Tag » advertising

50 Cars = 1 Bus

Great ad for Stockholm’s Airport Buses to show that 50 Cars = 1 Bus. Make sure you watch the YouTube video at the bottom. Thanks Tom!

Personalized IKEA catalogs

Creative promotion from IKEA. [via Amit]

Pontiac commercial

Super slick black and white Pontiac Commercial. I love the transitions.

On a related note, it seems that American car manufacturers are finally starting to get a grip on design again. The Chrysler 300 may be brutish, but it has a really distinctive “tough guy” look to it. The Pontiac Solstice has a certain classic charm.

And I recently saw the new Cadillac XLR on the street, and it looks like an angular version of a Mercedes S500… in a good way!

A little advertising

A lot of people have linked to the UPS whiteboard ads, so I figured I’d post two recent commercials I find particularly imaginative: Nike Criket and Snickers Red vs. Green.

And then of course there’s this.

Yet another Wii post

Yet another Wii post

It’s time for another post about the Wii, with some thoughts and links I’ve accumulated over time.

Steven Johson, author of Everything Bad Is Good For You, posts five thoughts on the Nintendo Wii. I particularly liked the following comment:

What strikes you immediately playing Wii Sports — and particularly Tennis — is this feeling of fluidity, the feeling that subtle, organic shifts in your body’s motion will lead to different results onscreen.

I got a chance to play Wii Tennis for the first time this weekend, and Steven is so right. The physical aspect of the games is really satisfying, especially the fact that the controller picks up on subtle things like slices and topspins. As a side note, I strongly recommend reading Steven’s books Mind Wide Open and Emergence.

My friend Noah Brier also posts about the Wii, notably linking to an interesting Time Magazine article. This article provides a good overview of the strategy behind the Wii and some of the opportunities and challenges it raises for game developers. The following quote reinforces Steven’s points:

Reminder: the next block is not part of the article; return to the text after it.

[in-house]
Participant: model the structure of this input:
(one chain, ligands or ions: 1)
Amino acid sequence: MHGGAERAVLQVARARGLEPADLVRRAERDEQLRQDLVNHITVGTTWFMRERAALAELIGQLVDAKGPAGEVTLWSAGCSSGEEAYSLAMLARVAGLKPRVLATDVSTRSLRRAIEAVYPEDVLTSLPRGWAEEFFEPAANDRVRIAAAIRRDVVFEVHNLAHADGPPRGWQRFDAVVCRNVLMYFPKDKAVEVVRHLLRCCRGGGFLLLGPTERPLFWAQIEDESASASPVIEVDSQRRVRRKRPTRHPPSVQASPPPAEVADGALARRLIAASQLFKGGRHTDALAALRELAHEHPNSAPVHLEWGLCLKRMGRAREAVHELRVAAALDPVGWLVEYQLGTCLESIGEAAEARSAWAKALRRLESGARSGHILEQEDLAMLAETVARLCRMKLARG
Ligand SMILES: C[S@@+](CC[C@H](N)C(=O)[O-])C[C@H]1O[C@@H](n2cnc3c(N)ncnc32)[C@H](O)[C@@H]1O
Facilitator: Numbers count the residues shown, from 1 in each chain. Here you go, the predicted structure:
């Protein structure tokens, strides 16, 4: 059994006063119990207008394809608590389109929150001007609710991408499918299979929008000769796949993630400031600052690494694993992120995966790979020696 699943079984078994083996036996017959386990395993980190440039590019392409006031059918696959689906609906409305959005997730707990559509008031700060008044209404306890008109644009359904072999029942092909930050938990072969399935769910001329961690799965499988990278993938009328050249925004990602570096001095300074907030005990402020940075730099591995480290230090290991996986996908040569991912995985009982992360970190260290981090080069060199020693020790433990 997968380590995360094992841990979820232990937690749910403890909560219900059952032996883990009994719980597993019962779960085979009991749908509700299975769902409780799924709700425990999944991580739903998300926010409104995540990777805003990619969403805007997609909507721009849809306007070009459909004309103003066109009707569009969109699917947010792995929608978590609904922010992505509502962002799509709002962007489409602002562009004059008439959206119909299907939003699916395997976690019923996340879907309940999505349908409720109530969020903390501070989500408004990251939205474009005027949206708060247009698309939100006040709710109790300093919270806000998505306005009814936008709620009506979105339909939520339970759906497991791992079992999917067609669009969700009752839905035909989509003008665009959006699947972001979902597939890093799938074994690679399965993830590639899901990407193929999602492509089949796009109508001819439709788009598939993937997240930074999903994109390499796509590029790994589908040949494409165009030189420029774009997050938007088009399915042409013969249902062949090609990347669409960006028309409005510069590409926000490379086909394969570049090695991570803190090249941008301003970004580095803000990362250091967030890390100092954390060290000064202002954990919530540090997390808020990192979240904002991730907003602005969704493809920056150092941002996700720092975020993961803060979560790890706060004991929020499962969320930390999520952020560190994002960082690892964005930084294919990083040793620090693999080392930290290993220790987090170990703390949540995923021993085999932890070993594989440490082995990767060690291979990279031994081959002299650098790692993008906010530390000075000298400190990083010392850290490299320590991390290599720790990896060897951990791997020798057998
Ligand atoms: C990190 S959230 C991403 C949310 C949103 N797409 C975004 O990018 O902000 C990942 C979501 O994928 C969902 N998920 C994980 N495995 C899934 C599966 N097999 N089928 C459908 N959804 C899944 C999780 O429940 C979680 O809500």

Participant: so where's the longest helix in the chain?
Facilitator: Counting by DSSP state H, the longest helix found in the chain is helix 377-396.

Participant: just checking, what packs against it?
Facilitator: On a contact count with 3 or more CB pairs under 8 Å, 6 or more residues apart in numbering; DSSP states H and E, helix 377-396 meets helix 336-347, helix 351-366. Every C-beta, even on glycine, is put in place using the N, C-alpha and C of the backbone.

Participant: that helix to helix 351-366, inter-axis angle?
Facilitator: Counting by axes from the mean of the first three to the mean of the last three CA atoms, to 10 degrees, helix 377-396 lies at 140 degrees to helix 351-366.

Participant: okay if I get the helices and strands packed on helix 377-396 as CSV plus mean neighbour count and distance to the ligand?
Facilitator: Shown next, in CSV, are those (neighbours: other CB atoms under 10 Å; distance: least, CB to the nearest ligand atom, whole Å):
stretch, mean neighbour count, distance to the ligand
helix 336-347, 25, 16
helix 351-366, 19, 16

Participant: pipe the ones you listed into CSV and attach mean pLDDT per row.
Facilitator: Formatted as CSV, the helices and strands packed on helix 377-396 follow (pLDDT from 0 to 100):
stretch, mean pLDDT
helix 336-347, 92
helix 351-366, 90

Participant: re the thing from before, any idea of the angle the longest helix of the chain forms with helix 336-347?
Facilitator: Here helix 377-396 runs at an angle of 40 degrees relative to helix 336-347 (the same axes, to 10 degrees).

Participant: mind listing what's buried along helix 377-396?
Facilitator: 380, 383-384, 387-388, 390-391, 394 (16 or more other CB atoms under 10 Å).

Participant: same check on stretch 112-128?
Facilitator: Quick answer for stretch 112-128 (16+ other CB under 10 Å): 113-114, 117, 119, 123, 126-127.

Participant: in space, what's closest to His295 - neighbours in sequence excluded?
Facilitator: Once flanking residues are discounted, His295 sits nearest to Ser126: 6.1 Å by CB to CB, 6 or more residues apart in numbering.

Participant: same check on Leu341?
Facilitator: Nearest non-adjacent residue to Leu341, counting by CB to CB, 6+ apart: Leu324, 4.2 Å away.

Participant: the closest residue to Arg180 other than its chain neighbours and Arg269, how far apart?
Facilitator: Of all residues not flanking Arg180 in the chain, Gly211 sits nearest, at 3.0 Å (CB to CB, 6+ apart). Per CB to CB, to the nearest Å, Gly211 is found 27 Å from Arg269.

It’s a remarkable experience. Instead of passively playing the games, with the new controller you physically perform them. You act them out. It’s almost like theater: the fourth wall between game and player dissolves. The sense of immersion — the illusion that you, personally, are projected into the game world — is powerful.

However, one part of the article strikes me as incorrect:

It has now been rechristened the Nintendo Wii, an unreadable, unintelligible (that daunting double-i!) syllable. (For the record, it’s pronounced “we,” and the i’s are supposed to represent the new controller … never mind.)

The name for the console used to be Nintendo Revolution. Initially I had the same reaction as the Time author, but on second thought I believe the rebranding is spot on. I think the name “Revolution” would have sounded too edgy to the non-gamers that the console targets. Furthermore, it sounds a bit pretentious, given that the Wii has less impressive graphics than the competition.

The name “Wii” on the other hand is completely warm and fuzzy, and the spelling makes you want to draw it out in an enthusiastic Wiiiiiiiiiii (see the title of Noah’s post). Ultimately, it’s a much more fun name than the all-too-serious “Revolution”, and that’s why it works.

Noah also links to an entertaining fan-made commercial. I still prefer the official commercials. I love that they spend more time showing people playing the games than the games themselves, truly highlighting what makes the Wii great.

Finally, the picture for this post comes from a NYTimes breakdown of the remote. It doesn’t really have that much information, but I figured I’d link to it anyway while I was at it.

Roddick vs. Pong

I’ve been posting less advertising recently, but Roddick vs. Pong for American Express is absolutely brilliant.

Watches at 10:08

Have you noticed that watches in advertisements are often set to 10:08?

New Bravia commercial

Another wonderful Sony Bravia ad — although I still like the Balls commercial better, mainly because of the music.

Two good ads

Two great ads: one thoughtful for Dove, and one funny for Silva (marine navigation equipment).